Tuesday, 4 August 2009

Opening eyes and ears (Hannah)

Firstly, apologies for not updating sooner. Secondly, apologies to any non-pianists reading, as this entry covers the more technical side of things! Life here has been as busy as ever, in between moving to a different flat, getting lost in taxis, practicing for a concert and keeping up with the teaching routine!

Now that I have been here a month I feel that I am really beginning to address some of the main issues I have been faced with when teaching the students. I am very fortunate in that both the teachers and students at my school in Gurgaon have been receptive to the many new ideas I have been introducing. They have been willing to cooperate with a different style of teaching, and I have been told that the way I am teaching is completely different to their usual lessons. I was both touched and encouraged when one teacher told me that I am able to ´make the music come alive´.

This really points to the heart of the issue and the problems faced by many students I have taught. There is so much to discuss that I will attempt to split the various topics into sections as far as possible.

´Making music´ vs ´Typewriting´

One teacher drew a particularly helpful parallel to illustrate the way students in the school are taught. She explained that students here are taught the ´grammar´ of the music, i.e. the correct notes, fingering and rhythms, and all the information that can be found on a printed score. However, as with speech, it is not enough to be able to speak grammatically correctly, as without the correct emphasis and phrasing, the words will sound flat and meaningless. It is this meaning which is lost in the music, when played by students who are able to play the correct notes in the correct order, but without any consideration for the shape of phrase or the emphasis of the harmony.

Even taking a simple example such as Fur Elise, which I worked on with a student in the very first week, I showed her just how dramatic the music was, with the many sudden and unexpected changes of harmony that are characteristic of Beethoven. She simply had not yet had her ears opened to many expressive possibilities of the music, as I tried to demonstrate with a harmonic reduction to illustrate the changes of harmony and uses of dissonance and resolution. Three weeks later, and her playing of the piece was already starting to transform, with the left hand much more elegantly shaped as I had shown her. Most of the students play all notes with equal volume regardless of the musical texture, and this can lead to some very confused and cluttered performances, as there is little understanding of the hierarchy of parts and beats within any given bar.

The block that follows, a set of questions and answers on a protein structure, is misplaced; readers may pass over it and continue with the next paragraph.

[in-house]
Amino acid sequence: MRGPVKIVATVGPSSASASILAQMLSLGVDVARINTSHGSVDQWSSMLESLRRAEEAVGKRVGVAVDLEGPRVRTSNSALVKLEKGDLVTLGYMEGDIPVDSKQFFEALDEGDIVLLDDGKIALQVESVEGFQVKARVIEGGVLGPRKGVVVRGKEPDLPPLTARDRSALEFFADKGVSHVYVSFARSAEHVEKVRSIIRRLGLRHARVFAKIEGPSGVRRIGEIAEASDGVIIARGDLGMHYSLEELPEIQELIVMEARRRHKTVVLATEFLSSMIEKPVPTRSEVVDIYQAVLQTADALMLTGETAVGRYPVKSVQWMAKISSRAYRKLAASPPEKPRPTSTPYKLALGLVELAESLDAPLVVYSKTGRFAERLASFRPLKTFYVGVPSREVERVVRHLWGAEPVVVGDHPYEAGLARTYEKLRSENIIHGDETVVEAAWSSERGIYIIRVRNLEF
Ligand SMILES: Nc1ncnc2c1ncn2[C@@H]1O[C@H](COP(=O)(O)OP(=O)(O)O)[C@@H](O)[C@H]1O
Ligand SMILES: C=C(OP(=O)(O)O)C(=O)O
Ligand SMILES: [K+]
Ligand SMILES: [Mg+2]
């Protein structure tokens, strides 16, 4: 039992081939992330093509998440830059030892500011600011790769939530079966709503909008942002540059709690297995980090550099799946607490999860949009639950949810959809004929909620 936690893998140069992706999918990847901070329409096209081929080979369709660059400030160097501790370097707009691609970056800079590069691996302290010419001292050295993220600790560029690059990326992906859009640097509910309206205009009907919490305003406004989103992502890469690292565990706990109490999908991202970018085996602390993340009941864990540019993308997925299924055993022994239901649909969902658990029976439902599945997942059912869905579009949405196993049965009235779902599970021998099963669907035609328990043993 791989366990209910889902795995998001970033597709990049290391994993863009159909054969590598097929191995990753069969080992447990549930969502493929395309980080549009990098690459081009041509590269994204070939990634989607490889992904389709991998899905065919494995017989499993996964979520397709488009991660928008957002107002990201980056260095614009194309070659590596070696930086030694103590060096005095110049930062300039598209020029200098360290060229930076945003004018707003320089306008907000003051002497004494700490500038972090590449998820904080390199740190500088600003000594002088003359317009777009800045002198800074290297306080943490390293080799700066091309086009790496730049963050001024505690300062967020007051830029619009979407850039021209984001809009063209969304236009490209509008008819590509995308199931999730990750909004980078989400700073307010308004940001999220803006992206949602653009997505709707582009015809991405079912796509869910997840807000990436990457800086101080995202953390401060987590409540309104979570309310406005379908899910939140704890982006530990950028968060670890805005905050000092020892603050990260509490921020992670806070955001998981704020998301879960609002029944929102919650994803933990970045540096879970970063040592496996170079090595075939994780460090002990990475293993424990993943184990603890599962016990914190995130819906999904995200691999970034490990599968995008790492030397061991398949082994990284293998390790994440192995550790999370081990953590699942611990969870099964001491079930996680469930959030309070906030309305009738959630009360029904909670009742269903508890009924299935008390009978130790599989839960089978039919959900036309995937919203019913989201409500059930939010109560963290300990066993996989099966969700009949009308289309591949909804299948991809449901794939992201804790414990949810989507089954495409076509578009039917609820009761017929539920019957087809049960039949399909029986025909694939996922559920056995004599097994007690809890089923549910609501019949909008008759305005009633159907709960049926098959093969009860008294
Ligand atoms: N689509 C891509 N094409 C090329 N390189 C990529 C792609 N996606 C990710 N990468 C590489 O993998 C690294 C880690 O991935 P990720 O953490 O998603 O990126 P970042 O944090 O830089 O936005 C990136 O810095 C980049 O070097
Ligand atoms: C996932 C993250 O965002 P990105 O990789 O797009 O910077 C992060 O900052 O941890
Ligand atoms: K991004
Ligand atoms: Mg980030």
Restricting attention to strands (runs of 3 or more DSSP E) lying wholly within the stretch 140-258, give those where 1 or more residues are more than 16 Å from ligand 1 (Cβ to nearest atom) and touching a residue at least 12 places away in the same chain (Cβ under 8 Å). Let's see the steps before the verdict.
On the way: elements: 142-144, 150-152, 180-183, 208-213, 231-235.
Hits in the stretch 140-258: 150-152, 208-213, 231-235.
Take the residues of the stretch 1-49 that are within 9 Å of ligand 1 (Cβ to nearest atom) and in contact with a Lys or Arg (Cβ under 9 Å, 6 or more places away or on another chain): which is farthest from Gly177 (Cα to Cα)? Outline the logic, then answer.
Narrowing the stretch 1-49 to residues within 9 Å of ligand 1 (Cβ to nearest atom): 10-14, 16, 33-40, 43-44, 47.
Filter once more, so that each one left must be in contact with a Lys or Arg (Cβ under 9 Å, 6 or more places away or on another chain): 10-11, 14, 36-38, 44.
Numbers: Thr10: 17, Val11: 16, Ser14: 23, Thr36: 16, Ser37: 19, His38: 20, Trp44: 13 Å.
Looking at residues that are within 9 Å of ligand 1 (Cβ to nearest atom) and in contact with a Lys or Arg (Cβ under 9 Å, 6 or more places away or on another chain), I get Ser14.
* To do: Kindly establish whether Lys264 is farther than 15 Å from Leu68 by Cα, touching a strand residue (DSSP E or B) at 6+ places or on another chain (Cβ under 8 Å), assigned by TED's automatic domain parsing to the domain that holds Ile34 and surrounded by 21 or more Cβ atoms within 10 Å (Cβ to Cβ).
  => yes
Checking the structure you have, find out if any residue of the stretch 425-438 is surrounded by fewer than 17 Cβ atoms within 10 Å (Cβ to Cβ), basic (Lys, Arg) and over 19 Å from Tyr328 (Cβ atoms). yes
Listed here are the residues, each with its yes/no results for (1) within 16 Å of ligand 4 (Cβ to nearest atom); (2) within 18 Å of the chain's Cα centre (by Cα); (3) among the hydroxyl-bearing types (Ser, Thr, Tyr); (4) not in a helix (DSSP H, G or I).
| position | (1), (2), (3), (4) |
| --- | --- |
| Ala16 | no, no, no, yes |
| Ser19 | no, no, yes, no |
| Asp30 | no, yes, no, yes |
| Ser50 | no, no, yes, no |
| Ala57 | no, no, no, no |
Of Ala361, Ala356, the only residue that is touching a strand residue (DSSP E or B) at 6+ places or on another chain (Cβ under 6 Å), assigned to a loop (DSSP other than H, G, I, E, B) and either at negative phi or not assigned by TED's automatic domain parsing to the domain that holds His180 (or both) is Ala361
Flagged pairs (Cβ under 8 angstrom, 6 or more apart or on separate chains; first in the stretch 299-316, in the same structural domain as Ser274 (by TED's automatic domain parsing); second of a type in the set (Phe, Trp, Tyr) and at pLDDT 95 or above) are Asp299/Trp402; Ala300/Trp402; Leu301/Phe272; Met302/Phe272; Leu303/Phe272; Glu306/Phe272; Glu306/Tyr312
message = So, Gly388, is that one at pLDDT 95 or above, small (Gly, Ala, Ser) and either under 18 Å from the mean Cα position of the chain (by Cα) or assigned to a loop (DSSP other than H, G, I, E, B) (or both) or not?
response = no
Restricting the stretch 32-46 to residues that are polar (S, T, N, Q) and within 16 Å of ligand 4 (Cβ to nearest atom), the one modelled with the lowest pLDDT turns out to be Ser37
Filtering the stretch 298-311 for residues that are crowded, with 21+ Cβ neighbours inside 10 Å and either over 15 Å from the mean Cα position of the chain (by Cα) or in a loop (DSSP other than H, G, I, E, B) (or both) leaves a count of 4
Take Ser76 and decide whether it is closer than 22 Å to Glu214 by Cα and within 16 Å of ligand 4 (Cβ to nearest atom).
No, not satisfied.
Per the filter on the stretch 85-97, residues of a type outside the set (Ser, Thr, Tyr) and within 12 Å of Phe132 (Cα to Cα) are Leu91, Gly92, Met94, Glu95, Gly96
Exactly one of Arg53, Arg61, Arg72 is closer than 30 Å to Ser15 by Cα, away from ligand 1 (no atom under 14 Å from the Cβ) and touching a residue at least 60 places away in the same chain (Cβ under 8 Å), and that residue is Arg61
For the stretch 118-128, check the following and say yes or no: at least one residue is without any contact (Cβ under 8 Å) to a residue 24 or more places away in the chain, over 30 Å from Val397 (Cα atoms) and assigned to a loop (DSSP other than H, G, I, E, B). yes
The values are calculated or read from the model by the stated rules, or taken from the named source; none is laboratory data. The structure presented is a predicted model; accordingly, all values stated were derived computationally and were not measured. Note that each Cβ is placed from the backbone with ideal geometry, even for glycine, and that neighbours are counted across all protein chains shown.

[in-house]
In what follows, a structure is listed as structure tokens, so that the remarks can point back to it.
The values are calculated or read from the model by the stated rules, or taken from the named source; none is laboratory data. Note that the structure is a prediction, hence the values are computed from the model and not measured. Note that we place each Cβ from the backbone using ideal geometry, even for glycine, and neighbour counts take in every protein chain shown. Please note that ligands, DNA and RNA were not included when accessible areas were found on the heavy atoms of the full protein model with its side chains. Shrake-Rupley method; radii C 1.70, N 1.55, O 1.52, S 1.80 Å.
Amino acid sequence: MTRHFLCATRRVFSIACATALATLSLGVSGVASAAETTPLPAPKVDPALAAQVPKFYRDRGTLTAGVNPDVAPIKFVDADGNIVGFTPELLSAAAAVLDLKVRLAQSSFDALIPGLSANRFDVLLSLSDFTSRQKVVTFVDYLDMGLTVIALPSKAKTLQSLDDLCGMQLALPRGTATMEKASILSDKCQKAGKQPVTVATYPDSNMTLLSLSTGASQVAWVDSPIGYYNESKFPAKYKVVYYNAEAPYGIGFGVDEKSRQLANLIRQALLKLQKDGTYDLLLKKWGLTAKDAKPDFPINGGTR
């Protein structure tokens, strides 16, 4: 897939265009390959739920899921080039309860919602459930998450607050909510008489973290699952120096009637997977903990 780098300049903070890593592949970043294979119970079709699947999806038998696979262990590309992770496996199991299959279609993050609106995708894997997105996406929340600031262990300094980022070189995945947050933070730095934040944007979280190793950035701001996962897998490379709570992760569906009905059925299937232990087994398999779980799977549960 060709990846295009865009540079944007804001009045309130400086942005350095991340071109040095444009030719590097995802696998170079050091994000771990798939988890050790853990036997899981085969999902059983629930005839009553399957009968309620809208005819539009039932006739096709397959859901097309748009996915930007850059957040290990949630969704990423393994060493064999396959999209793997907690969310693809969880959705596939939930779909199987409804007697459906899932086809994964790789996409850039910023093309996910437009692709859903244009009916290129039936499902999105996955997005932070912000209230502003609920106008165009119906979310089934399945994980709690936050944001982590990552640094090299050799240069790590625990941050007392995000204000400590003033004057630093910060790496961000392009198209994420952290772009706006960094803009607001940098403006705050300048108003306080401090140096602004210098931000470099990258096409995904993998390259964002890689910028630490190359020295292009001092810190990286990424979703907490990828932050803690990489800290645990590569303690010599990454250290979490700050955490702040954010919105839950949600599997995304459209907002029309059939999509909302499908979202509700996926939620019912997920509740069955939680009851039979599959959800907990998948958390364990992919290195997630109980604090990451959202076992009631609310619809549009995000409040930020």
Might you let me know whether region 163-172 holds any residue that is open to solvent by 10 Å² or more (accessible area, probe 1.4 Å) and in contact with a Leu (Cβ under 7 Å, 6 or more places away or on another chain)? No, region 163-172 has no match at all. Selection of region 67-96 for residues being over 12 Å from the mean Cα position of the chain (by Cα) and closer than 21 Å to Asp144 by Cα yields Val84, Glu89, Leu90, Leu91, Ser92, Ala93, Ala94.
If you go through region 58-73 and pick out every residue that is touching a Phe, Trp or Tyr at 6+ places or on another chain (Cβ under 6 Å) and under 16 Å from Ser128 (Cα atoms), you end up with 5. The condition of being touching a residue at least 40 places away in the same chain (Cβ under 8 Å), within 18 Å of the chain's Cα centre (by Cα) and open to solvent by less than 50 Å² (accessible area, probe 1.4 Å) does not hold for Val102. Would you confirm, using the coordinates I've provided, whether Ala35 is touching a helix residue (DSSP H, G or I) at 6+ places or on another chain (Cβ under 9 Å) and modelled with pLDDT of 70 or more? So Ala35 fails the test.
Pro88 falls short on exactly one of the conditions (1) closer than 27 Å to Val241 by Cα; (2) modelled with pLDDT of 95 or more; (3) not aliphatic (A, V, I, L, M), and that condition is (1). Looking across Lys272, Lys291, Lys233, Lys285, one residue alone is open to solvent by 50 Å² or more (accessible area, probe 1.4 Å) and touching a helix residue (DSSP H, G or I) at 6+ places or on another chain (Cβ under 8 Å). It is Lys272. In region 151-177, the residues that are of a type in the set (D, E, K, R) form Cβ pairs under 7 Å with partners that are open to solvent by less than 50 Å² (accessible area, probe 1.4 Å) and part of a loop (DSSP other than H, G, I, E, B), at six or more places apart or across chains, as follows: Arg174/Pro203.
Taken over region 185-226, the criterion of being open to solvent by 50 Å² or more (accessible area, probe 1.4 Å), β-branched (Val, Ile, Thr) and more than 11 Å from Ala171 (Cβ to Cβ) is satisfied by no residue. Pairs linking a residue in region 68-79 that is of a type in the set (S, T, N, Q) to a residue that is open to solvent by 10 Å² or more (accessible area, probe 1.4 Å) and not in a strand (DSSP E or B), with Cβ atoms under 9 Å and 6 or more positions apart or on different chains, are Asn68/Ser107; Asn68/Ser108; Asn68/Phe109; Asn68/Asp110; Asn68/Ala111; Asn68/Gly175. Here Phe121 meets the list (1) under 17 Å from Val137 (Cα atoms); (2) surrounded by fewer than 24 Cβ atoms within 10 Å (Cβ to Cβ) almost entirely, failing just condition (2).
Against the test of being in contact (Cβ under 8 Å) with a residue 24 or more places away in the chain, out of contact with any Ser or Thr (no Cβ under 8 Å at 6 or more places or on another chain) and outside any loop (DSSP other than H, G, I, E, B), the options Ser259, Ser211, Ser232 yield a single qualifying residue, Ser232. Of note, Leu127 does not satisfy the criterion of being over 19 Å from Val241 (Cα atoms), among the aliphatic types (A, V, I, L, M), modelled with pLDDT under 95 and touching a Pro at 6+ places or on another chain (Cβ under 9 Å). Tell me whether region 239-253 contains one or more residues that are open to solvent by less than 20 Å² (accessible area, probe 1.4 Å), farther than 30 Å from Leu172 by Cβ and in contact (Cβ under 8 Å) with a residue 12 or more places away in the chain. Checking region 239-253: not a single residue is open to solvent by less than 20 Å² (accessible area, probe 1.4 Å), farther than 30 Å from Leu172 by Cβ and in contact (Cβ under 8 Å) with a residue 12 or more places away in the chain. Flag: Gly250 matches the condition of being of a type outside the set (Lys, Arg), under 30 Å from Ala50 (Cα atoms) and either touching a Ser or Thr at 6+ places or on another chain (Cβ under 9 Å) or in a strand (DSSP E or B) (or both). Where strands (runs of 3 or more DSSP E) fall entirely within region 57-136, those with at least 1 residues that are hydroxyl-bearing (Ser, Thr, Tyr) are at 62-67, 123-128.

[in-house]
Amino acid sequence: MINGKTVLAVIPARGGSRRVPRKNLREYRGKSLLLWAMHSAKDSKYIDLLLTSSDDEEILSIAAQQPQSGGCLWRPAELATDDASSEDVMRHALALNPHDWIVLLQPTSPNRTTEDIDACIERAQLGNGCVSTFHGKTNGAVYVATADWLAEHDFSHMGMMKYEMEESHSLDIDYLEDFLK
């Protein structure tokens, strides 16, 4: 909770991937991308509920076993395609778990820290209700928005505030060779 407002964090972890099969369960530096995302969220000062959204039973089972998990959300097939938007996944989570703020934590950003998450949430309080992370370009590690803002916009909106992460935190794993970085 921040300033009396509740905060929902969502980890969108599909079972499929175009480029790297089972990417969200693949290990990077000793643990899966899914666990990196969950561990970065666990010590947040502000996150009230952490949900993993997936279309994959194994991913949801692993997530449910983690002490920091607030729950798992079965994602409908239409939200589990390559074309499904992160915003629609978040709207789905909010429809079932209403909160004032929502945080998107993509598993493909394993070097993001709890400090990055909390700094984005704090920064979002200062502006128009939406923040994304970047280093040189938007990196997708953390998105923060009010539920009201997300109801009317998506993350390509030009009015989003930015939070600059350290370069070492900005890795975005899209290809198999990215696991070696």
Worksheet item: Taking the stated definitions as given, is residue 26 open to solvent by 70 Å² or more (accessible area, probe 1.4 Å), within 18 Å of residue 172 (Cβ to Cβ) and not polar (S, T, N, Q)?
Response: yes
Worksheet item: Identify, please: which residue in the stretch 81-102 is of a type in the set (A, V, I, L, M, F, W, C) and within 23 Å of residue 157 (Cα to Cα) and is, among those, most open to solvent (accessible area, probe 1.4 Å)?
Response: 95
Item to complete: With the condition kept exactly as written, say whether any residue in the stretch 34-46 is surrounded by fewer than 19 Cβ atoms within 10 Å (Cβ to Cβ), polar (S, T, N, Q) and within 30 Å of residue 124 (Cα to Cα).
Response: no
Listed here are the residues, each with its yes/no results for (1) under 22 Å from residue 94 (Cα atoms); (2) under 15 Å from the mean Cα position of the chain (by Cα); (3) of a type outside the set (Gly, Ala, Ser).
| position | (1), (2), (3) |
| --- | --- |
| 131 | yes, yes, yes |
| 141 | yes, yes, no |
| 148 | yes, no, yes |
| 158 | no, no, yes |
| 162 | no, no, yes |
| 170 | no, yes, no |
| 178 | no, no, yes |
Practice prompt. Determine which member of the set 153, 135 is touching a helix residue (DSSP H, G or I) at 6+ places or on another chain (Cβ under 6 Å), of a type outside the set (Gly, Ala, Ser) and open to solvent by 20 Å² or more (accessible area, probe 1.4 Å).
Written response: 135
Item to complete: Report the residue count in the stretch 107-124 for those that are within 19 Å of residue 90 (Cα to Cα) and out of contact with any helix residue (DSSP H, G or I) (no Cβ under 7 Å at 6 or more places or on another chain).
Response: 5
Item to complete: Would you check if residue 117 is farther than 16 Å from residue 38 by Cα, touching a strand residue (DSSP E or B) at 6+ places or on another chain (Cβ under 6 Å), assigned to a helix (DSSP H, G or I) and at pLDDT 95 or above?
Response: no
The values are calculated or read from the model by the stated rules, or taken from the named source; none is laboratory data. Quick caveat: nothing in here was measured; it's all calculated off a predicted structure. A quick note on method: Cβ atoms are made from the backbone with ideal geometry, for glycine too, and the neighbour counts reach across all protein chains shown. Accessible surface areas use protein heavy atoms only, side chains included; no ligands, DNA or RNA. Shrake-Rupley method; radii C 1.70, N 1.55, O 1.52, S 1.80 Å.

Sightreading and keyboard geography

This is almost a universal weakness (as seen so often with students in the UK too), but perhaps even more so here, where most of students learn their pieces from memory before performing it, and when they do play they almost never look at the score. This unfamiliarity with aspects of the score creates an added problem, where the students are unable to pick up the piece from any given bar when requested, as they struggle to recognise the music from the page and can only play in a memorised sequence from beginning to end. This also hinders effective practice strategies, where it is both effective and necessary in longer works to divide the music into smaller sections to be worked on separately.

The necessity of looking at one´s hands while playing was highlighted to me when I was given a Grade 5 book to sightread by one of the teachers. After I had finished doing so, she asked in amazement how I was able to do so without looking down at my hands. I explained that it was necessary to ´feel´ the notes under one´s fingers, as there isn´t time to glance down to check each note whilst maintaining the continuity of the music.

The more I thought about this, the more I realised that the lack of keyboard ´geography´ (i.e., an instinctive sense of where each note lies on the keyboard and the distance between notes) was a large part of the issue, after working on some sightreading with a student who looked down to find each note, thus preventing him from ever achieving fluency in his reading. The other important principle in sightreading is of course to be always reading ahead in the music, but this cannot be tackled before the student is able to play without looking at their hands, otherwise they will never be able to read ahead and keep their eyes on the music.

I attempted to tackle these problems in two ways, first with the student who kept looking at his hands, I covered his hands with a book so that he was not able to look at them and therefore had to keep his eyes on the music. This led to an improvement in fluency as he was able to find more notes using his spatial memory than he had trusted himself with previously! Similarly, to encourage reading ahead, I covered up each bar once it had been played to prevent students from making the common mistake of ´correcting´ their sightreading, when rhythmic continuity is of greater importance. I also encourage my students to practice passages with their eyes closed, as this will increase awareness of keyboard geography as well as making it more secure, since they are no longer reliant on their sight but can play by touch alone.